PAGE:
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What is a Scholarly Source?

A woman reading a scholarly source.

If you’re not sure how to identify a scholarly source when conducting research, rest assured that you’re not alone. Here are some important clues and techniques to help you identify which sources are credible, academic, and above all, scholarly.

What Qualifies as a Scholarly Source?

At its simplest, “a scholarly source is material written by scholars for scholars,” said Anaya Jones, eLearning librarian at Southern New Hampshire University (SNHU).

Scholars have advanced degrees and conduct research to advance their respective academic field. Their work is intended to share knowledge, not to sell newspapers, generate clicks or make money in any way.

Scholarly research can include survey results, data and referencing or building on work that has already been conducted by other scholars.

What is an Example of a Scholarly Source?

Written material that can be used as source material generally falls into two categories: popular and scholarly. Popular material is intended to inform or entertain the public. This may include newspapers, magazines, websites, and blogs.

Scholarly material, on the other hand, is typically made up of research studies and journal articles targeted to help advance knowledge in a particular field. Scholarly sources are not meant to entertain. Their purpose is to inform and to advance their academic field. Scholarly sources are generally found in discipline-specific journals or published by academic presses, such as The Journal of Educational Behavior or Columbia University Press.

It’s important to note that scholarly research is often peer-reviewed, which means that other scholars in that field review the work and decide if the research and methods are sound. If so, the work is considered reliable and suitable for publishing in a journal or academic press. Professors and students rely on scholarly journal articles to share their research, and publishing their work allows others to benefit from their findings.

So, How Do You Know if a Source is Scholarly?

If an article is published in a peer-reviewed journal, it’s scholarly. If an article is published in an academic journal that is not peer-reviewed, it may be scholarly, but it may not. It’s important to look for clues and use your judgement as a scholar to figure out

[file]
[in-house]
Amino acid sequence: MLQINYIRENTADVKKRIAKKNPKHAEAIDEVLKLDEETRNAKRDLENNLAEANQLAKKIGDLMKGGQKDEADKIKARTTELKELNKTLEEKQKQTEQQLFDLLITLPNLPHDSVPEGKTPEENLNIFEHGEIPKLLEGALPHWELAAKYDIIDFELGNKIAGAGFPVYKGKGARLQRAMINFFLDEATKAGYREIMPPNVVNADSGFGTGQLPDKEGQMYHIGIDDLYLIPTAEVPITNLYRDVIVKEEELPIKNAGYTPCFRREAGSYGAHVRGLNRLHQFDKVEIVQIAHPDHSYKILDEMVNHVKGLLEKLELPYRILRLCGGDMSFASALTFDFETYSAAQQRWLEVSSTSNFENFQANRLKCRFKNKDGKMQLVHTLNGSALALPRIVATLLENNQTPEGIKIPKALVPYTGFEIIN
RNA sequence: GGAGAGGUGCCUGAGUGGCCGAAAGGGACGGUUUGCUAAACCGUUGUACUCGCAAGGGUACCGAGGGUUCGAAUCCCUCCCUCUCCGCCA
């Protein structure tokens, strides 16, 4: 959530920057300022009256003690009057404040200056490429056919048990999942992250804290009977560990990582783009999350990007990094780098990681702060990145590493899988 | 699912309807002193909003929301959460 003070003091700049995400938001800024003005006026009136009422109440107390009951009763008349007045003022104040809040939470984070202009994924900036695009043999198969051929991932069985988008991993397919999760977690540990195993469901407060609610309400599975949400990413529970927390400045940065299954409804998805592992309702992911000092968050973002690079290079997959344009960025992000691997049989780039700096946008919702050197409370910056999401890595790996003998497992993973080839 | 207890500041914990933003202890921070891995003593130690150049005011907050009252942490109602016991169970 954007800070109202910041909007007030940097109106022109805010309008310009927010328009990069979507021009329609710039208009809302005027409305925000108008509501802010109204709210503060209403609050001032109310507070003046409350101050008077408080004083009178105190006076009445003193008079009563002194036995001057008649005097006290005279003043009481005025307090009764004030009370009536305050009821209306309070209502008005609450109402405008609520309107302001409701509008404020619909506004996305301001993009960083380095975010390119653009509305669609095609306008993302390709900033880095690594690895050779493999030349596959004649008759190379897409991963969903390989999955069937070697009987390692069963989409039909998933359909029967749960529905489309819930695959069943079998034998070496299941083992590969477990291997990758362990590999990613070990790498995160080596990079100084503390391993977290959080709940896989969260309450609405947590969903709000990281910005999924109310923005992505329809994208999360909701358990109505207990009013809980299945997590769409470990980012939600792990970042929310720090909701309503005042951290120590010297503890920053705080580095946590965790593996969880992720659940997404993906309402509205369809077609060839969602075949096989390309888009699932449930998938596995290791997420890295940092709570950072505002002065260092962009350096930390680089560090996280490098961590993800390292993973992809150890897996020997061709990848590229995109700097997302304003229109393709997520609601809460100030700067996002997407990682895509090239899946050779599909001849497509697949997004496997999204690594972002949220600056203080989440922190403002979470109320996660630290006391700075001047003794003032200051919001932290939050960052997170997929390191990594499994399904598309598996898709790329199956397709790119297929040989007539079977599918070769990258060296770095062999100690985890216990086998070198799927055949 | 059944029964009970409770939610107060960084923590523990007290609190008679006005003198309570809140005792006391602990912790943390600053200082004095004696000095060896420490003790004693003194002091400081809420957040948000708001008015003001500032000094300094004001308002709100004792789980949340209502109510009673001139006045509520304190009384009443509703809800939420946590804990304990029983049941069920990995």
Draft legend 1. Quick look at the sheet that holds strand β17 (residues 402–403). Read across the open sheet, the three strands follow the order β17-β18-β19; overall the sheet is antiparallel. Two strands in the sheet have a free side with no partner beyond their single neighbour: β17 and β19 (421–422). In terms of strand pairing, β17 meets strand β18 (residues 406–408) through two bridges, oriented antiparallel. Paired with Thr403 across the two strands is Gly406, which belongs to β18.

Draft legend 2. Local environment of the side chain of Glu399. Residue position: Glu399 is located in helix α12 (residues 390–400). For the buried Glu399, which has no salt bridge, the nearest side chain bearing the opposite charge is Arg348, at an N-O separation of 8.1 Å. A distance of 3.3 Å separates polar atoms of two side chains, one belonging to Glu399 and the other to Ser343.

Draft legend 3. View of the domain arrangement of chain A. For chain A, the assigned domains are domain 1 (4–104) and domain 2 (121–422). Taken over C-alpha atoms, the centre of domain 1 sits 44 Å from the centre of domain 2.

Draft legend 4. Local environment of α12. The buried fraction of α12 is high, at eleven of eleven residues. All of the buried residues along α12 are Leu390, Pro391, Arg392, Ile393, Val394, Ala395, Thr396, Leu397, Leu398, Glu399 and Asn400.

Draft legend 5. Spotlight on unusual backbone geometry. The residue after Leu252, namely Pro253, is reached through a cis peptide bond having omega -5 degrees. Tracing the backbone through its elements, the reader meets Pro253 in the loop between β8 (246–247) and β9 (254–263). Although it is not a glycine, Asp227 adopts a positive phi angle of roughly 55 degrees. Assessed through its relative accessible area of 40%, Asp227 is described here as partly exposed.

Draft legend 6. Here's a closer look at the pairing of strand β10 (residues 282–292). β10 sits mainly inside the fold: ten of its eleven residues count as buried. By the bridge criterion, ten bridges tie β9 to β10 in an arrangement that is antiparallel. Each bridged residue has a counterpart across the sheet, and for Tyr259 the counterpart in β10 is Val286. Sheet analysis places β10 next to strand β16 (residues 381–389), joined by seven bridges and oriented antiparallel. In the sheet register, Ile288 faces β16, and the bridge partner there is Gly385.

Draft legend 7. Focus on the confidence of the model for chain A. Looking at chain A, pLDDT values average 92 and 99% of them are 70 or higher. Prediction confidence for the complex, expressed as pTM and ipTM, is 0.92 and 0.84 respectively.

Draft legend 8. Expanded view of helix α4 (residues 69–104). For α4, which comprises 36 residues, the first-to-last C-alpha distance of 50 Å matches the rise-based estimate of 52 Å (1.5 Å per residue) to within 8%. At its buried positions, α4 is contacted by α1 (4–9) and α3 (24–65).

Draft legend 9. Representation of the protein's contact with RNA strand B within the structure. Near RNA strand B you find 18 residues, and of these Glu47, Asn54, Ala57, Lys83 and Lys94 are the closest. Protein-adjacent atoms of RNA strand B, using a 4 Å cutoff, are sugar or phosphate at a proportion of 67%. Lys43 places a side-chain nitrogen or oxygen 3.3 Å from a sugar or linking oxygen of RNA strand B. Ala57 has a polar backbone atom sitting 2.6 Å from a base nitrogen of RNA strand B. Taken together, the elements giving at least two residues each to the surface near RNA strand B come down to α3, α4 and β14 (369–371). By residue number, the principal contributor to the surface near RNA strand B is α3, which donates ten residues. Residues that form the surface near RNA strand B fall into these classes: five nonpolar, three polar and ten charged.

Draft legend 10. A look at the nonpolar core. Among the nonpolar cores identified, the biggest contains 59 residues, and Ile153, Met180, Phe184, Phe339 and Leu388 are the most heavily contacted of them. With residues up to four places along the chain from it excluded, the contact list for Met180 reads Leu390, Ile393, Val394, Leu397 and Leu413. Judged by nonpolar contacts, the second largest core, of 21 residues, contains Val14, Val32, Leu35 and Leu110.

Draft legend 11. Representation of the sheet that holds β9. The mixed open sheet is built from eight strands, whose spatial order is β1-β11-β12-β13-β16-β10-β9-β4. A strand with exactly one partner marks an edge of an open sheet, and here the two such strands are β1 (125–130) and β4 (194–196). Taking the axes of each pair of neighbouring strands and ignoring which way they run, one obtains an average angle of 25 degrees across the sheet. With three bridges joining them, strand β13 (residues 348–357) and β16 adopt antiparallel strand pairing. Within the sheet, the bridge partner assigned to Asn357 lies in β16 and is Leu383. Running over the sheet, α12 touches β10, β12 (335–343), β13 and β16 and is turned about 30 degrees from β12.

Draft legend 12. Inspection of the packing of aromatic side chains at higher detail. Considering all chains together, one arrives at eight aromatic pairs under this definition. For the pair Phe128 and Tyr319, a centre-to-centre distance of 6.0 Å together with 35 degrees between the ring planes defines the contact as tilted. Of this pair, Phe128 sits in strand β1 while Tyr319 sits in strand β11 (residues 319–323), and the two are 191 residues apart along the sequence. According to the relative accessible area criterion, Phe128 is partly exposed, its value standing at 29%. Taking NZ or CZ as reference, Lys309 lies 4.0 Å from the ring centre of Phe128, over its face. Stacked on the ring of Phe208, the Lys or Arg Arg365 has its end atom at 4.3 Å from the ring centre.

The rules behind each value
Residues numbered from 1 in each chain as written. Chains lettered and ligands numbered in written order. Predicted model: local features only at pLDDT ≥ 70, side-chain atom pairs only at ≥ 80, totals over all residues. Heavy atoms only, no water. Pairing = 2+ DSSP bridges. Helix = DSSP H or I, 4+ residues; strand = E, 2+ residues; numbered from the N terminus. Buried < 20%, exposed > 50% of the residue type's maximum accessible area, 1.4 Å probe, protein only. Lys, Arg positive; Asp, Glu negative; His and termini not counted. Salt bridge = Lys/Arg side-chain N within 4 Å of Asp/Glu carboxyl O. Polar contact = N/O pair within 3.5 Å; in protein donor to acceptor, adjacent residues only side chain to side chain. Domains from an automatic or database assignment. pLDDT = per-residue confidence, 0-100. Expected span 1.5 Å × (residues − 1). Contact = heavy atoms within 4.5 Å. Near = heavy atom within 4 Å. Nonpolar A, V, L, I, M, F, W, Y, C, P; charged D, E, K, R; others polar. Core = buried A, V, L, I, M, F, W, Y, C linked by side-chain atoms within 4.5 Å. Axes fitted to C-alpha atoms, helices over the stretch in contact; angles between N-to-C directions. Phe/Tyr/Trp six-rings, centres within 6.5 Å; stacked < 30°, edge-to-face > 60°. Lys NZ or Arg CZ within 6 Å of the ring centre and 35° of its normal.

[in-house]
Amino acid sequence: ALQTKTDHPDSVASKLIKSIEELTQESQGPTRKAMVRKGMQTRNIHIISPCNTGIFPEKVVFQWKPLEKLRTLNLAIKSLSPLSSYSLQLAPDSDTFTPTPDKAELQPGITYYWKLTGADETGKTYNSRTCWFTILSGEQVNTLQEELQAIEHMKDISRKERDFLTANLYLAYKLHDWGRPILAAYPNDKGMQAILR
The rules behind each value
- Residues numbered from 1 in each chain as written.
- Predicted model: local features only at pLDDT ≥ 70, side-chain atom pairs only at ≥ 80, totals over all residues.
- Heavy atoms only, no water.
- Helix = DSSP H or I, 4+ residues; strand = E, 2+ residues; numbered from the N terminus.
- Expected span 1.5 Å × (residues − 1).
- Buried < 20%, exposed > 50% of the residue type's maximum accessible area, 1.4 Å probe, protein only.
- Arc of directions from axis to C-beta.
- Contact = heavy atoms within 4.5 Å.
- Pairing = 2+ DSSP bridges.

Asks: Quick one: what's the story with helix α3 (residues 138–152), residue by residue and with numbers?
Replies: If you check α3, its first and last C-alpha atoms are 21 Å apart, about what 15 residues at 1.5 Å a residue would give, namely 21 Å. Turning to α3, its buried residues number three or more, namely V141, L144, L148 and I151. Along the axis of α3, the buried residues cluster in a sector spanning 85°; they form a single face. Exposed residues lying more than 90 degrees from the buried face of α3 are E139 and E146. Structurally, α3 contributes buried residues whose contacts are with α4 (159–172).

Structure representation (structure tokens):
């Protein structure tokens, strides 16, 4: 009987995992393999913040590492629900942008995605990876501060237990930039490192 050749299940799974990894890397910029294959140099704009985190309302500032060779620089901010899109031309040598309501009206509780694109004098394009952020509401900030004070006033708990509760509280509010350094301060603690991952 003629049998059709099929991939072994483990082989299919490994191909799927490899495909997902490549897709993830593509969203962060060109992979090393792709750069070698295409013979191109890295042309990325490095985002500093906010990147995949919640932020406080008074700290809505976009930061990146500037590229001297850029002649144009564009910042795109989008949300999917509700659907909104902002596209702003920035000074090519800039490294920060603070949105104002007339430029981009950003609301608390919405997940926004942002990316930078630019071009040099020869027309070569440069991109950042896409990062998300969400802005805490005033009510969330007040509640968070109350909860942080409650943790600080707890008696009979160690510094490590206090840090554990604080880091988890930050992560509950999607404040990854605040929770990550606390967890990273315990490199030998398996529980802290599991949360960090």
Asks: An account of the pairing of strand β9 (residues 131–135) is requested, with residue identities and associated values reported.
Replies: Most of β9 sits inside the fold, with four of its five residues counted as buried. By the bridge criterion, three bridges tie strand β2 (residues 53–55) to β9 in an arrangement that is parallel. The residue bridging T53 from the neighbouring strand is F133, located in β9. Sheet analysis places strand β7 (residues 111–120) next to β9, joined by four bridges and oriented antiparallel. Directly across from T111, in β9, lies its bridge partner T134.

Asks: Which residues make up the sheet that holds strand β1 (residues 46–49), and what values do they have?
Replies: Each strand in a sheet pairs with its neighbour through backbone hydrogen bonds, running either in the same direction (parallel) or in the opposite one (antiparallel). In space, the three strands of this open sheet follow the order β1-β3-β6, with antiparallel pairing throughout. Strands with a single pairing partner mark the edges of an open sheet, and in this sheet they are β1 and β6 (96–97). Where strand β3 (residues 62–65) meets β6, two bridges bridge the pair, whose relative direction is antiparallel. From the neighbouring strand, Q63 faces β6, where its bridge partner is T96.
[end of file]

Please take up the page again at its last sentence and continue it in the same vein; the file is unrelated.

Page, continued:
the difference. First, identify the author. From there you can make an informed guess about the audience. If the piece is written by a professor or researcher and the publication is targeted toward other professors and researchers, the piece is most likely scholarly.

Anaya Jones and the text 'Anaya Jones'

When seeking scholarly sources, library databases are the best place to start. That’s where you can find a wealth of information published in scholarly journals and academic presses. Most colleges and universities have subscriptions that provide online access for students to all of the scholarly journals. Library databases also include popular sources, but be sure to take care to direct your search to scholarly sources only. The best way to do this is to start your search by looking for peer-reviewed journals.

An important part of the vetting process is determining whether or not the source is credible in addition to being scholarly. Determining credibility “depends so much on what you need that information for,” said Jones. Evaluating sources isn’t about good versus bad. It’s about deciding if the information is a good fit for your topic.

What Are Some Characteristics of a Scholarly Source?

Scholarly sources “tend to be fairly lengthy, with high-level language specific to the discipline,” said Jones. This can “include jargon that may not make sense to people outside that discipline even though they’re scholars themselves.”

Scholarly sources generally include a recognizable structure, including presenting methods, results and analysis. There are also specific ways to cite sources according to academic convention, and you’ll see parenthetical or footnote citations in scholarly sources.

When examining the characteristics of a source to evaluate if it’s credible, identify these four main criteria:

  1. Relevance: Is the source is relevant to your topic? Open the full text of the document, read the abstract and skim the article. “You don’t have to read the entire thing to determine if it’s relevant,” Jones said.
  2. Date: “An old source in one discipline is not an old source in another,” Jones said. An article published five years ago can be old or new, depending on the field. Information that is up to date in your discipline is important.
  3. Type: Look for a university affiliation or the name of a journal as opposed to a newspaper or commercial magazine.
  4. Authority: Does the author have an advanced degree in their field, and is the publisher associated with a research or academic organization?

It’s important to remember that identifying a source as reliable or not is a skill. Learning how to do this can take practice. When in doubt, don’t hesitate to reach out to a research librarian. Many universities even have 24/7 online chat access with research librarians ready to help you.

Above all, “be a research skeptic,” said Jones. If you don’t have enough information to verify an author’s claim, keep looking for other sources saying similar things. Remember that the word “research” means to search again and again.

Identifying scholarly sources accurately takes time to learn and refine. This can be tricky, especially at first, but with practice and these simple guidelines, determining if a source is scholarly is a skill that anyone can master.

Marie Morganelli, Ph.D. is a freelance content writer and editor at Precise Words Creative. Connect with her on LinkedIn or at marie@precisewords.org.

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